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Querying DWARF For Fun And Profit

Querying DWARF For Fun And Profit

dwarfDebugging information provides a view into the source code of an application. It’s by no means exhaustive, but many features present in the source code are present in the debugging information as well: translation units, functions, scopes, types, variables, etc. It is essential to a range of tools: GDB, SystemTap, OProfile, as well as various developer aids (such as pahole or libabigail).

So clearly this data can be a useful source of information (hence the name, after all). But the only way to access it is through a dumping tool—such as dwarfdump or {eu-,}readelf -w. Deriving any sort of relationship from a dump is a very clumsy undertaking that usually requires nontrivial amounts of scripting to glue the disparate pieces together.

A new tool that Red Hat has been working on lately addresses the need to query debugging information in a structured manner. It is called dwgrep (DWARF grep). As the name indicates, it’s aimed particularly at DWARF, which is the name of the format that’s generally used in Linux for representing debugging information.

There are two major families of use cases. The first is automated checking of generated DWARF. This comprises looking for instances of a known bug when trying to gauge its impact, discovery of an obscure DWARF construct to check a DWARF consumer that you are writing, or testing DWARF for structural soundness.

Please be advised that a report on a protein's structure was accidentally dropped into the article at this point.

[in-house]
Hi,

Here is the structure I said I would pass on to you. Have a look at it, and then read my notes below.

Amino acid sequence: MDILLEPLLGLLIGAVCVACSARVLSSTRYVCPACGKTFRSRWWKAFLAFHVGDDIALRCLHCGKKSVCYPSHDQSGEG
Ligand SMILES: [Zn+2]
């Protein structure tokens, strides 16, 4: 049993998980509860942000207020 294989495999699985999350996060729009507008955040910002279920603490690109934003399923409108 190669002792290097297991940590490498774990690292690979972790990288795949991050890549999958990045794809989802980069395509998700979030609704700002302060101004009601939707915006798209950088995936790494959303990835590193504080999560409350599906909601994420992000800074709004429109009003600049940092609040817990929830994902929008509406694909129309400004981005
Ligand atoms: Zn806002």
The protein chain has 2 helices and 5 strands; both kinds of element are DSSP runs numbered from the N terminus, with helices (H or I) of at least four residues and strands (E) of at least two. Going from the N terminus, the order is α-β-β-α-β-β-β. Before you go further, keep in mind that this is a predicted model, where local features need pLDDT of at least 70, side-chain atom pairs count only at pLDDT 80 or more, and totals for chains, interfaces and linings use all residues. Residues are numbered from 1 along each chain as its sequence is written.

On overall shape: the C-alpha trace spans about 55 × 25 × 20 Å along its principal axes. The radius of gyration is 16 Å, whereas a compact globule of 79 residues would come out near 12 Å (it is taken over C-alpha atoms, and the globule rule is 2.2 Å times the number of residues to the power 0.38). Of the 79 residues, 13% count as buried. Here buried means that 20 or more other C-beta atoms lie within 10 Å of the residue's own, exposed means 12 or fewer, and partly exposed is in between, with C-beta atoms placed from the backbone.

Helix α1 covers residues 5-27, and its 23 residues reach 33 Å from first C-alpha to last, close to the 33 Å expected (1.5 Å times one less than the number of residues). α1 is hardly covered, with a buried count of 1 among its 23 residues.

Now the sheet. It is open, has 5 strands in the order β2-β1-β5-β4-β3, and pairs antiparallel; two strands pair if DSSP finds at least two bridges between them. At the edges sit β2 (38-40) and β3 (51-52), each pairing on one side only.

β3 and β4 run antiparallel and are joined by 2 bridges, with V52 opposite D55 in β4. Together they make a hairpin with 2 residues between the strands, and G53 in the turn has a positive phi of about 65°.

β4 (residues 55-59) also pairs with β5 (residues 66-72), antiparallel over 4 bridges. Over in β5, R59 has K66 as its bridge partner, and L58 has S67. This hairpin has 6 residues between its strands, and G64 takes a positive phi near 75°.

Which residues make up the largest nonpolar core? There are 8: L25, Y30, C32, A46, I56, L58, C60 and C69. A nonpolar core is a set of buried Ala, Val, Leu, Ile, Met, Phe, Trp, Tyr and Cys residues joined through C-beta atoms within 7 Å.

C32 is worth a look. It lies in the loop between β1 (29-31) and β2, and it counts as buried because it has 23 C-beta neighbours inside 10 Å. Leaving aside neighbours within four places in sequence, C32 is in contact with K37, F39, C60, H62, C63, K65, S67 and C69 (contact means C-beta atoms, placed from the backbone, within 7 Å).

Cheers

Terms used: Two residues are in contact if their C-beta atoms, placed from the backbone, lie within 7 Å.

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Intelⓡ Threading Building Blocks in Red Hat Enterprise Linux 7

That the “free lunch is over” may have become something of a cliche in the IT industry, but the fact is that lately, the increase in cycles per second has been mostly realized by adding more processing units rather than by other techniques. While multiprocessor mainframes and supercomputers existed essentially since the dawn of computing, this may be the first time ever that the only machines without multicore processors may be those in USB fridges and electric toothbrushes.

parallel curves evolvent
Involute of a circle – parallel curves.

This changes the way that even ordinary programs need to be written. The parallelism inherent in the computation can no longer be extracted automatically from the instruction stream, but the programmer herself needs to make it explicit.

To that end, there were historically several approaches.

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ltrace for RHEL 6 and 7

Debugging software is something akin to an art form but, regardless of the approach you prefer, having good information on what’s happening in your application is key. ltrace is one tool you may wish to add to your belt – a debugging tool that attaches to a running process, and prints to the terminal or a log file the library calls and/or system calls made by that process. In both its mode of operation and command line interface, ltrace is similar to strace. While strace only works for system calls, however, ltrace has no such restriction.

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